FaceApp: how the Russian photo editing app works, if it’s safe - and why the gender swap feature is trending again

Yaroslav Goncharov has repeatedly claimed photos are not used other than to provide the editing functionality
(Photo: MARTIN BUREAU/AFP via Getty Images)(Photo: MARTIN BUREAU/AFP via Getty Images)
(Photo: MARTIN BUREAU/AFP via Getty Images)

FaceApp – an application that launched in 2017, and that lets you apply AI-powered filters to your face – has got a third wind of virality during lockdown.

Almost a year to the day since the #AgeChallenge saw users uploading images of themselves with the app’s filter applied – and various celebrities jumping on the bandwagon – FaceApp is now back in the public consciousness, this time with a gender-swapping filter.

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(Photo: Shutterstock)(Photo: Shutterstock)
(Photo: Shutterstock)
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It seems harmless enough: select a photo of yourself, choose from one the app’s free filters and share the results with your friends online.

But is it as innocent as that?

Here’s everything you need to know:

Why is FaceApp back?

Many are attributing FaceApp’s resurgence to a ‘new’ gender-swapping feature, but the reality is these filters have always existed on the app.

It’s not really clear why FaceApp is back in fashion; it could simply be people’s lockdown boredom tempting them back to the apps of their past.

How does it work?

The app claims to use "advanced neural portrait editing technology" to "improve your selfie".

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Put simply, an AI analyses your photo, and then applies filters to it in a way that best seems humanly plausible.

That's where fears that images may be being stored for further use come in - the AI presumably learns from its past mistakes, and relies on a database of face shapes and types to best compute its designs.

Is it safe?

The app’s first and second waves of popularity raised security concerns about FaceApp’s access to your phone’s photo library.

Earlier versions of the app were able to access your entire gallery, without users necessarily giving it permission to do so, and the app's terms of use gave FaceApp a “perpetual, irrevocable, nonexclusive, royalty-free, worldwide, fully-paid, transferable sub-licensable license to… your User Content and any name, username or likeness provided in connection.”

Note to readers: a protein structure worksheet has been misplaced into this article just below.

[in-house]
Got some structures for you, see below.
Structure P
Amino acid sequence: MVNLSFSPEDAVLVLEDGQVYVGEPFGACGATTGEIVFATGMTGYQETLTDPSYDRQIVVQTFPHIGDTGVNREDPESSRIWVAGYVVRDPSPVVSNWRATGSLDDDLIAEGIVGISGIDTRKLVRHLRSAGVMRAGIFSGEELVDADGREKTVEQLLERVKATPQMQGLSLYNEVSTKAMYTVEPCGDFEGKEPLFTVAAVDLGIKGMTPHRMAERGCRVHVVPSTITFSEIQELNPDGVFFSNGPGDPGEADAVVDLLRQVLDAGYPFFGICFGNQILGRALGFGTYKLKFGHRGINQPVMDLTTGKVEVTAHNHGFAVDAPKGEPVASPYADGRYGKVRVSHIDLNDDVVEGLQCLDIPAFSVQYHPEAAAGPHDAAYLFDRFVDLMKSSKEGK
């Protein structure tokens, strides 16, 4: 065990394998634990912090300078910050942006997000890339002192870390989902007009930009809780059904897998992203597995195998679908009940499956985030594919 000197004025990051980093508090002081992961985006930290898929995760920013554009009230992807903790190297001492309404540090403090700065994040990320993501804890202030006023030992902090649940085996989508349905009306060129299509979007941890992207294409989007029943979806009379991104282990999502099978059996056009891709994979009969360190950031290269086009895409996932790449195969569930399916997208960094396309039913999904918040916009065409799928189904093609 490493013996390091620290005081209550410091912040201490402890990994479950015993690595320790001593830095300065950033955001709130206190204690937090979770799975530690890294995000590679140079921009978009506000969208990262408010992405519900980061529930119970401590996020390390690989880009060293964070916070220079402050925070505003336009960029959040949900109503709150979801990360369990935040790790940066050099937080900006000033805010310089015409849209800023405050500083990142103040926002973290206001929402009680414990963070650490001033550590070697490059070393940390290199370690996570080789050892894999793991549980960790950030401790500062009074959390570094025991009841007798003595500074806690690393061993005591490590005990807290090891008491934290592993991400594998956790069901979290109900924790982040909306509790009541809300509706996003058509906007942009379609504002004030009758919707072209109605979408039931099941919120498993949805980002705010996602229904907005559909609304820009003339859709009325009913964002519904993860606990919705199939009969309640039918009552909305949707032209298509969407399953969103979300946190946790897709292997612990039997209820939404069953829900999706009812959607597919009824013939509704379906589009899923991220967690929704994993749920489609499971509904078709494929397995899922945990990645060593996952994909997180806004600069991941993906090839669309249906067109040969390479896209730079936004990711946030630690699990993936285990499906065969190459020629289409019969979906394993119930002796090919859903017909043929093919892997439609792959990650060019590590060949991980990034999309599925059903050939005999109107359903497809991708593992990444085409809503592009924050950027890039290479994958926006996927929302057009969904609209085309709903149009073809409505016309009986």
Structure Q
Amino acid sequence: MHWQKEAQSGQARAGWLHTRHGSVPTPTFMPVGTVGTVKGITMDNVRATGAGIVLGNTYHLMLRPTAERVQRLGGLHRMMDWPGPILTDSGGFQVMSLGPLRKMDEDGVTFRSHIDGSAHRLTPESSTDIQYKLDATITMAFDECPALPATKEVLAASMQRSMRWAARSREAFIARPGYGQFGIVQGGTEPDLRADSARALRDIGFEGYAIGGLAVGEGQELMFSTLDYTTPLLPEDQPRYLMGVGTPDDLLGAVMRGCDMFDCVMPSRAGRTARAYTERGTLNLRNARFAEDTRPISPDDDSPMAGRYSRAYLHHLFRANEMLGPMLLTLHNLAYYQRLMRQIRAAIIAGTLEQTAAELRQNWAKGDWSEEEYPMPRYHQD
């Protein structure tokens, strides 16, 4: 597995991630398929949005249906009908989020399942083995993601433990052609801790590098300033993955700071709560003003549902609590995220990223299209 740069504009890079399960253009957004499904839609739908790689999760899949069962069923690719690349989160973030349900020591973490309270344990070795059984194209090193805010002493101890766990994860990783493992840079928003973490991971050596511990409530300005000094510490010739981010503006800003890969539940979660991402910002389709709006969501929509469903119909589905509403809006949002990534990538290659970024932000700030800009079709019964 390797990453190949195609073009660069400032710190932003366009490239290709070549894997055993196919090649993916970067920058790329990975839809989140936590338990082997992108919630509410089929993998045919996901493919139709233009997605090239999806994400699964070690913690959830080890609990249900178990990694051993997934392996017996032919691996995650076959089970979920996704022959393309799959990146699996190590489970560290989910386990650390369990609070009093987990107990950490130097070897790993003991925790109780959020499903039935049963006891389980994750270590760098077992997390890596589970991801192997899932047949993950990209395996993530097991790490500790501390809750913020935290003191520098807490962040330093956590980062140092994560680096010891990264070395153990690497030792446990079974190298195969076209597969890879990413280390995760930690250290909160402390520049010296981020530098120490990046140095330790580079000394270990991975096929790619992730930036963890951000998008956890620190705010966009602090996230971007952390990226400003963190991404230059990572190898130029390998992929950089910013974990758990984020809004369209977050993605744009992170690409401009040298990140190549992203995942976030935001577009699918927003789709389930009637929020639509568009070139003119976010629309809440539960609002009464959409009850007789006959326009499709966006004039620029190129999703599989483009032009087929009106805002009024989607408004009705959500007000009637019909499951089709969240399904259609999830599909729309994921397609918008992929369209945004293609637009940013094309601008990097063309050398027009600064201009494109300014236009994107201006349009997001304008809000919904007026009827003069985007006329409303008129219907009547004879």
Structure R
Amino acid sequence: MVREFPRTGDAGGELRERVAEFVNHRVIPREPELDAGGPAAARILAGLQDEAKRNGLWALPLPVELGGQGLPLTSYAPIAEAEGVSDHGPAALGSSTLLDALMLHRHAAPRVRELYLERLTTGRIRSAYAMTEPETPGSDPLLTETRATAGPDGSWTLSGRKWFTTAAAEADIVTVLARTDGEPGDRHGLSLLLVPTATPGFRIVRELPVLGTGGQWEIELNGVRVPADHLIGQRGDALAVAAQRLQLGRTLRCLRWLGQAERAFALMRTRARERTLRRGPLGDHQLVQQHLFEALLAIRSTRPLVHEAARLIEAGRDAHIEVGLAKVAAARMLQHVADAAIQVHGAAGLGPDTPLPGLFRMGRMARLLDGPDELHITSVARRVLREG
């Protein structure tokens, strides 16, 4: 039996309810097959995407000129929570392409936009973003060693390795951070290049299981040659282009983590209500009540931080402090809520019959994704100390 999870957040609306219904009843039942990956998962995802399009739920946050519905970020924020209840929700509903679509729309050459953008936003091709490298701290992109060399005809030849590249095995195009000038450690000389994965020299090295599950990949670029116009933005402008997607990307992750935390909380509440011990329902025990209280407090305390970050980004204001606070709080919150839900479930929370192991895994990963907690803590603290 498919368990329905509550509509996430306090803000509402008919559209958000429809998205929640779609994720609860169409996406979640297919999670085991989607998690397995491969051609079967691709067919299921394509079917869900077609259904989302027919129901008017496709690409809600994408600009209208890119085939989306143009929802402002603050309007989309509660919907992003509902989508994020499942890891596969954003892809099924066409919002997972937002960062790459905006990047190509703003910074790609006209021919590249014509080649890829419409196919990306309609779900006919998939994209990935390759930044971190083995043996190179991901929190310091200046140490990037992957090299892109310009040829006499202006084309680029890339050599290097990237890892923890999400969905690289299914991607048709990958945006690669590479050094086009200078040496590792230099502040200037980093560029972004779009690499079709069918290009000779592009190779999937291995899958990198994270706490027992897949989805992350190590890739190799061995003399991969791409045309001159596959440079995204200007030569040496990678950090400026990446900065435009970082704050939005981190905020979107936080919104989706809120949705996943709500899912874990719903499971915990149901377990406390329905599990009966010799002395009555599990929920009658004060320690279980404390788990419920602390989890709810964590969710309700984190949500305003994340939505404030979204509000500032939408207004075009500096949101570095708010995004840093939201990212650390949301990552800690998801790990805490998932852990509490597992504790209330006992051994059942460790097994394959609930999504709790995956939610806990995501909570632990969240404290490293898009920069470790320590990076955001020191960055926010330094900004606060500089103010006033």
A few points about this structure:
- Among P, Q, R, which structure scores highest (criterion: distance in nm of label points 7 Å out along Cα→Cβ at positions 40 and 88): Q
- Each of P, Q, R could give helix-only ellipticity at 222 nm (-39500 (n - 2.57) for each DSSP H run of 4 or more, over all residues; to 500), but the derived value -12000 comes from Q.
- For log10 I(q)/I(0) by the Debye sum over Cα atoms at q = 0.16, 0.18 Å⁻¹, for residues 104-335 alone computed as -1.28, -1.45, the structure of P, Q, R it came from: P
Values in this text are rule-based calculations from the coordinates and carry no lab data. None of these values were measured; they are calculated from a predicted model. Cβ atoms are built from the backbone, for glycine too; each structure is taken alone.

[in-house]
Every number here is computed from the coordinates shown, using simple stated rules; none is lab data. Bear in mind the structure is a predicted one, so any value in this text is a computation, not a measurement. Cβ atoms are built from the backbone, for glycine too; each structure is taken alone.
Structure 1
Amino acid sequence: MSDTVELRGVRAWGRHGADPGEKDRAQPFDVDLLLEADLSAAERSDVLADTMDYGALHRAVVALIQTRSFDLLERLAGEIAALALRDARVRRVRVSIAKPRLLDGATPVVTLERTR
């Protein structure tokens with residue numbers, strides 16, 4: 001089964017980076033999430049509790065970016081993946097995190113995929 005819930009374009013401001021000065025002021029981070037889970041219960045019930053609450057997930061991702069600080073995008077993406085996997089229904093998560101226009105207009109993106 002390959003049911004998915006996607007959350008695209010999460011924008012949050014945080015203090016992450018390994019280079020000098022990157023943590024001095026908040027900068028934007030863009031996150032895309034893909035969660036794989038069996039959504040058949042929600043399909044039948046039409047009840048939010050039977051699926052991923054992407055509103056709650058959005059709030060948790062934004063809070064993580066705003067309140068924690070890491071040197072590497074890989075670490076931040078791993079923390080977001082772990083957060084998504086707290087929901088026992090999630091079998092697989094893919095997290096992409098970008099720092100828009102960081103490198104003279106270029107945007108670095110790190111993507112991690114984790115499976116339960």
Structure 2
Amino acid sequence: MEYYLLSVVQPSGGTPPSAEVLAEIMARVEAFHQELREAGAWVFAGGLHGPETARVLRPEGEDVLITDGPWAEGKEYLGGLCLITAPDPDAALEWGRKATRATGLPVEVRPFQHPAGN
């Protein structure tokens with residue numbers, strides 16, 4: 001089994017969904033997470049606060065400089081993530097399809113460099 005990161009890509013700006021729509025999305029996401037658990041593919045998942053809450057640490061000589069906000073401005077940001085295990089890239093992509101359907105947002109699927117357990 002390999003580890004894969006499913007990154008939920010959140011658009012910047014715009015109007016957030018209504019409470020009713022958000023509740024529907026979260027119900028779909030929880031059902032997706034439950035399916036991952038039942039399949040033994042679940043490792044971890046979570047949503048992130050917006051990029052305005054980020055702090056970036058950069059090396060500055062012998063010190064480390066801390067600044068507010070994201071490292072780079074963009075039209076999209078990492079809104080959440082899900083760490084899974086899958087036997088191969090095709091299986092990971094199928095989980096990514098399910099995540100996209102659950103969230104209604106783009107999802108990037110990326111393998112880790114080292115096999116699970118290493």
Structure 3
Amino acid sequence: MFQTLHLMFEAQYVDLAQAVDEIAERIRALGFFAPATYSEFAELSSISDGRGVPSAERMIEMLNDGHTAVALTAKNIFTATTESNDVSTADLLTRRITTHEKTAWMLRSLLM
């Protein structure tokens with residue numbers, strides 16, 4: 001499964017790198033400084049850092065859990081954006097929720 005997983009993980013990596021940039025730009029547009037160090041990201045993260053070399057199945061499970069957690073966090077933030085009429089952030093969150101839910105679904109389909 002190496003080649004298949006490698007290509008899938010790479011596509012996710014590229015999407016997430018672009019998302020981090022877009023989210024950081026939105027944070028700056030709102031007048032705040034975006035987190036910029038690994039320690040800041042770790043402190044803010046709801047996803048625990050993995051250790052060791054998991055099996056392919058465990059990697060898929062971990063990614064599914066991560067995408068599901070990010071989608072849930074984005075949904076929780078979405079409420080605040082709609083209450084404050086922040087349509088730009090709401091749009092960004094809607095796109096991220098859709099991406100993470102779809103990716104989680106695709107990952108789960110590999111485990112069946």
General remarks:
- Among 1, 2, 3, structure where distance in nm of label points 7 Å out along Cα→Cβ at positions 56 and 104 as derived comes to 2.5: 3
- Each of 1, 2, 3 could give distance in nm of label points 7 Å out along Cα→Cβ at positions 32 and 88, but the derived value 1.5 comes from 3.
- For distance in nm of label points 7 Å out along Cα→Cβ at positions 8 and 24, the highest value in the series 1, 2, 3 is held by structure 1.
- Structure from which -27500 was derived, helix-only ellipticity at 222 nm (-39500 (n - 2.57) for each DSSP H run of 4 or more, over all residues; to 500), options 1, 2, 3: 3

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FaceApp’s privacy policy has been updated since then, and no longer grants the app such sweeping permissions.

The T&Cs now state explicitly that uploaded photos will only be used for the app itself and not shared or re-used for any other reason.

The CEO of the company behind the app – a Russian company, with an address listed in St. Petersburg – has repeatedly claimed the photos are not used for any reason other than to provide the editing functionality.

Yaroslav Goncharov told Forbes that FaceApp deletes photos from its cloud servers within 24 to 48 hours after they are last edited, all photos are encrypted using a key stored locally on your device, and they are only temporarily cached on the app’s cloud servers during the editing process.

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Of course, by signing up for use, you’re agreeing to give the app some liberties on your data, and as is the case with any free digital service, you’ll need to consider what is likely the app’s key source of income: advertising.

Are gender-swapping filters OK?

Gender-swapping filters have caused controversy in the past.

In May 2019, a similar feature within SnapChat went viral, and many accused the gender-swapping filter of making a ‘joke’ out of the act of transitioning.

“This filter is literally an instant transition, and the humorous way I’m seeing it shared is… not cute,” said Out‘s Rose Dommu.

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“Your funny tweet about how fish you look with a hairless, shaved down chin and luscious locks might not be funny to everyone,” they added.

“It might, in fact, remind some of us of how hard it is to achieve even half of what you’ve been able to construct with a single swipe and that most people in the world still see our attempt as something to jeer at.”

The app's option that controversially allowed you to change ethnicity thankfully remains unavailable.

How can I use it?

If you're still intrigued and not put off by the prospect of your images potentially being used for nefarious means, the app is available to download for both Android and iOS devices.

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Simply load up the app once it is installed, and follow the onscreen instructions.

You can either choose an existing photo from your library (the app even singles out selfies and photos containing faces to get you started), or take a brand new snap to mess around with.

Once you're happy (or unhappy) with your creation, you can download it to your phone, ready to upload it to the World Wide Web.

A paid version of the app is also available, which offers users even more image altering features.

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